Why tooth preparation design is important
· Smooth edges result in lower stress on the crown. This lower stress decreases the percentage of fractures occurring.
· Ceramic restorations require a passive fit.
· Uniform reduction results in excellent ceramic strength.
· Sufficient reduction leads to the best aesthetic results.
· Digital scanners read smoother preparations with more accuracy.
Preparation guidelines for an anterior zirconia crown
· When prepping a tooth for an anterior Zirconia crown, you will need to ensure sufficient room for the wall thickness to have a minimum of 0.3 mm and ideally between 1.0 mm and 1.5 mm, or 1.8 to 2.0 mm incisal reduction.
· There should be a visible and continuous circumferential chamfer with at least a 0.5 mm reduction at the gingival margin.
· The horizontal and vertical preparation of the tooth should have an angle of approximately 5°, and a bevel is not advisable.
· All the incisal edges should be rounded, and the lingual aspect of the anterior should be reduced with a football diamond to create a concave lingual.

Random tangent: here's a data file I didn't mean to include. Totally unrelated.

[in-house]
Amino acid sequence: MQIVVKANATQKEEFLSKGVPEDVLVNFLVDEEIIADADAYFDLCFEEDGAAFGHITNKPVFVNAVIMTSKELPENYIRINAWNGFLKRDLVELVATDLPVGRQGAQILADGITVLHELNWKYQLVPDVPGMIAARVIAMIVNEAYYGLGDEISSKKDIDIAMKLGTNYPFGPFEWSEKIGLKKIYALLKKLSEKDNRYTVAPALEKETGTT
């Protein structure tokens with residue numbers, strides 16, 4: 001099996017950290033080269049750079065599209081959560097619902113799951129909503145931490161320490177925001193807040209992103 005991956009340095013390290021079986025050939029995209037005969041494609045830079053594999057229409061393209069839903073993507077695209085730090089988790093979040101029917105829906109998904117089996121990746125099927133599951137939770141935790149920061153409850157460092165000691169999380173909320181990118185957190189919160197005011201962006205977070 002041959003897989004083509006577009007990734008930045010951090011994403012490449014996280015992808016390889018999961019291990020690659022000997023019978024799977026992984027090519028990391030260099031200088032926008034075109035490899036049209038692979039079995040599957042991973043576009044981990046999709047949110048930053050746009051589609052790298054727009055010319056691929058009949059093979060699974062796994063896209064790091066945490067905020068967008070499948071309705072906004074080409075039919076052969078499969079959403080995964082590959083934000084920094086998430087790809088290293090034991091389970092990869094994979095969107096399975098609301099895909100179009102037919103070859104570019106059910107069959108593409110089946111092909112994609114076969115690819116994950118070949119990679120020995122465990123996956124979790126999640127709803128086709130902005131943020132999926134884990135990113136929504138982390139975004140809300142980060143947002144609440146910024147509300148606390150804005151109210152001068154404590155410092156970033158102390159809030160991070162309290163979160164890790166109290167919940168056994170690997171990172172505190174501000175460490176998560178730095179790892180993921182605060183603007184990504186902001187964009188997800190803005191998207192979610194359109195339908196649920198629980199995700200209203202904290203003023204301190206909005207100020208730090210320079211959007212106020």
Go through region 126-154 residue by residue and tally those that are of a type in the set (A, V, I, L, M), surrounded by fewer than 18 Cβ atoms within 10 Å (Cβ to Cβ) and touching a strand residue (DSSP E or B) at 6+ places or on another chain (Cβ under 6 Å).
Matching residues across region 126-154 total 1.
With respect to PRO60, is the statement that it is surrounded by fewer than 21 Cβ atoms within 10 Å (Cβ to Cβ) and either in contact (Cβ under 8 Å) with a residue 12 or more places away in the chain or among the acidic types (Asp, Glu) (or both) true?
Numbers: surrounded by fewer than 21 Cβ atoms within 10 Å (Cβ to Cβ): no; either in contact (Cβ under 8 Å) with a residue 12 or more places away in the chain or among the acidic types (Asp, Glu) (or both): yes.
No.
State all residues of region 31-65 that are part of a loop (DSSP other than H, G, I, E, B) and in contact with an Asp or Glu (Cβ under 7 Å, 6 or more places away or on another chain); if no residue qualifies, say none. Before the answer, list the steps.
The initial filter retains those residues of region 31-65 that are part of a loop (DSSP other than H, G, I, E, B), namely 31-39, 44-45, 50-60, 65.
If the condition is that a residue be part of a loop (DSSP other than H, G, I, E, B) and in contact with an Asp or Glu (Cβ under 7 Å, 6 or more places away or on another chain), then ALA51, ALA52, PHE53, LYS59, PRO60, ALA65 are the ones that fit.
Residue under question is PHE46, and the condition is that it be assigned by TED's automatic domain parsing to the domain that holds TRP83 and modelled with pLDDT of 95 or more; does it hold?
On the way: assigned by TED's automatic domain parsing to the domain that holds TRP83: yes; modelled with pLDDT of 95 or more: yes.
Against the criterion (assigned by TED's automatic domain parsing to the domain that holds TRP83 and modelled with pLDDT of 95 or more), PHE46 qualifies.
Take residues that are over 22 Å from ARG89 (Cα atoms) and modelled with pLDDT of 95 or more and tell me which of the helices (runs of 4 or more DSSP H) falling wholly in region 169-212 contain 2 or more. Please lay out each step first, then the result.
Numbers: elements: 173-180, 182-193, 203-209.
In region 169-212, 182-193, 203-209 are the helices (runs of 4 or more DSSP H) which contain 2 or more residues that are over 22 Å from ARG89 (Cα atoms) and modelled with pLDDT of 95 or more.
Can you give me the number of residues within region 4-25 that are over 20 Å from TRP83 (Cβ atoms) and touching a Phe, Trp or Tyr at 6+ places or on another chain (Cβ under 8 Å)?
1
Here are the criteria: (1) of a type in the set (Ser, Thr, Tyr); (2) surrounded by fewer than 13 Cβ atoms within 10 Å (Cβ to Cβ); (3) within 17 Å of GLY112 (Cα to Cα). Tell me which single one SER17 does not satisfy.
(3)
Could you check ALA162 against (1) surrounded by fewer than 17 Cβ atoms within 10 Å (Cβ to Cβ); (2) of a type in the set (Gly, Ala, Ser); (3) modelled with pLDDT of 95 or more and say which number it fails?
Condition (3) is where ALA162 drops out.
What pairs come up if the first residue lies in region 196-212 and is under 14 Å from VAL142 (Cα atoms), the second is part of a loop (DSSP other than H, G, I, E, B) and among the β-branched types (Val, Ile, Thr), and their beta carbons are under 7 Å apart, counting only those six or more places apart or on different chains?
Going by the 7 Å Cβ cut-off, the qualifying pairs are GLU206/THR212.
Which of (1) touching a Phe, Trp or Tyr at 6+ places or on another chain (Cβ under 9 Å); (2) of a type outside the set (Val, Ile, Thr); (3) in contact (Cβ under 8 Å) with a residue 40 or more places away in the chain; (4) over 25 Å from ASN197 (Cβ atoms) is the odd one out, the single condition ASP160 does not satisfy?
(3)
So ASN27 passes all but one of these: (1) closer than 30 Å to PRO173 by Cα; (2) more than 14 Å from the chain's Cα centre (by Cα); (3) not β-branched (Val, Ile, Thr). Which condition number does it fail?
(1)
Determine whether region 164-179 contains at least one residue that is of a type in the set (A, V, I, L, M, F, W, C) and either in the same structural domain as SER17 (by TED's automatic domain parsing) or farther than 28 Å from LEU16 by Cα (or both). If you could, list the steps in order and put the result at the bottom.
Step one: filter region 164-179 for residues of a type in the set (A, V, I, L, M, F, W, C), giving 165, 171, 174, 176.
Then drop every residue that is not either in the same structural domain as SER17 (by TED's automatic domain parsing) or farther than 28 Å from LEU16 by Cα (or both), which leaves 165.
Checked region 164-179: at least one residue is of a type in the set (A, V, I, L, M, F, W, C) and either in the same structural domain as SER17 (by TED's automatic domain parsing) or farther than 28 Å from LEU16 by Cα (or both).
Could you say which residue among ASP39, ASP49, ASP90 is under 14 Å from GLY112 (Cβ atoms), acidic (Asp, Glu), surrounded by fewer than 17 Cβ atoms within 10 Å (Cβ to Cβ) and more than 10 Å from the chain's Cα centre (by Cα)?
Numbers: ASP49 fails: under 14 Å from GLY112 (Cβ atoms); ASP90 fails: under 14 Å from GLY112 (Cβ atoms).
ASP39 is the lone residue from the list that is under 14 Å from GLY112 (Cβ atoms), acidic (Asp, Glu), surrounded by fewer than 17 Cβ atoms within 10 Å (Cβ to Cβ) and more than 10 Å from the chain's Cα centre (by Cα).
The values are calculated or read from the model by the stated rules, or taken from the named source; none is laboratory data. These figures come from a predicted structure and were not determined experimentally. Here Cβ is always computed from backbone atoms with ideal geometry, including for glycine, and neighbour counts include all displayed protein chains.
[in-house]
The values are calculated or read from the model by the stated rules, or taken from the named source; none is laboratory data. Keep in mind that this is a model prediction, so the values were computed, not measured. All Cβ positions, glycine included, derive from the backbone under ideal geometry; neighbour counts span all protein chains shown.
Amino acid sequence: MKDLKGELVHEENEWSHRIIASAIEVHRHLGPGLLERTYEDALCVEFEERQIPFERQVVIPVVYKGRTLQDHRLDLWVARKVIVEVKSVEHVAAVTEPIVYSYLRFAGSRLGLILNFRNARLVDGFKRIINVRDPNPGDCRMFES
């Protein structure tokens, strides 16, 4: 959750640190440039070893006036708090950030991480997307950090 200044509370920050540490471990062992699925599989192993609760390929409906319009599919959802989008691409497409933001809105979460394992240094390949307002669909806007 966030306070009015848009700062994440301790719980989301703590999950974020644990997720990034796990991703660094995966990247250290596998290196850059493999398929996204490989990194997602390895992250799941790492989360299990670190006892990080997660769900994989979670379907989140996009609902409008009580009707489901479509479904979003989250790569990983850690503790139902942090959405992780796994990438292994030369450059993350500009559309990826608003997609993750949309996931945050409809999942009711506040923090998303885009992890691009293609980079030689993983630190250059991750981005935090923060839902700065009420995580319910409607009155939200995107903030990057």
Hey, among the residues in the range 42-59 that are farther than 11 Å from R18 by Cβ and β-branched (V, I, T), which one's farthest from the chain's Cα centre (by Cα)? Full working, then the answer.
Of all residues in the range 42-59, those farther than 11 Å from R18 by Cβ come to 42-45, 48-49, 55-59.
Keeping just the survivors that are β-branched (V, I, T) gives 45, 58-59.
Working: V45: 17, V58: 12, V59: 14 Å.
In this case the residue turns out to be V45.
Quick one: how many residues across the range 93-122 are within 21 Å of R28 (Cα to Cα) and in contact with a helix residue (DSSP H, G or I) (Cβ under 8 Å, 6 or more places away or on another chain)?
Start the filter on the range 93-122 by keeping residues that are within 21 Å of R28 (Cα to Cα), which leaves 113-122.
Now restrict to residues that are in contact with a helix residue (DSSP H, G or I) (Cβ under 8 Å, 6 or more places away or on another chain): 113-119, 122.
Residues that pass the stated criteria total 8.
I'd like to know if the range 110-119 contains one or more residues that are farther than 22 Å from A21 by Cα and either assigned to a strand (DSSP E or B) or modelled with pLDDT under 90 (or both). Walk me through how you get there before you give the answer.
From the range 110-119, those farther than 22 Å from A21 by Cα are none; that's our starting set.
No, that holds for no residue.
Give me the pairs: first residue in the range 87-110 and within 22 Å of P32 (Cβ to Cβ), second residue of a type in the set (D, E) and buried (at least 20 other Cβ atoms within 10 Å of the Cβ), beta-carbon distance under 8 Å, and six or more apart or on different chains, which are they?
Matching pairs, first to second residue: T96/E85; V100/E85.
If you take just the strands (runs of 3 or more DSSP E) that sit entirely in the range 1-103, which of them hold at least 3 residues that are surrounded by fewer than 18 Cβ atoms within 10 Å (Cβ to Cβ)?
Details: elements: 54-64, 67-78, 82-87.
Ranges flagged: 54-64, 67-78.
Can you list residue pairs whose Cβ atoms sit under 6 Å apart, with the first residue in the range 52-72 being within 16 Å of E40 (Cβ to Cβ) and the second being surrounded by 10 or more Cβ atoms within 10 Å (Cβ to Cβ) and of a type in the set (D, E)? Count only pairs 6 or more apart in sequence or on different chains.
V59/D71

Preparation guidelines for a posterior zirconia crown
· When prepping a tooth for a posterior Zirconia crown, you will need to ensure sufficient room for the wall thickness to have a minimum of 0.5 mm and ideally between 1 mm and 1.5 mm or 1.5 to 2 mm occlusal reduction.
· The prep should be tapered between 4°and 8°. It will also need to have a visible and continuous circumferential chamfer, and a reduction of at least 0.5 mm is required at the gingival margin.
· Just as with the preparation for an anterior crown, a bevel is not recommended. Ensure that all occlusal edges should be rounded.
· Shoulder and Chamfer preparations are ideal for zirconia. Feather Edge preparations are not recommended but can be acceptable for full-Zirconia crowns. Check with your dental laboratory to see if their fabrication process will allow for this prep form.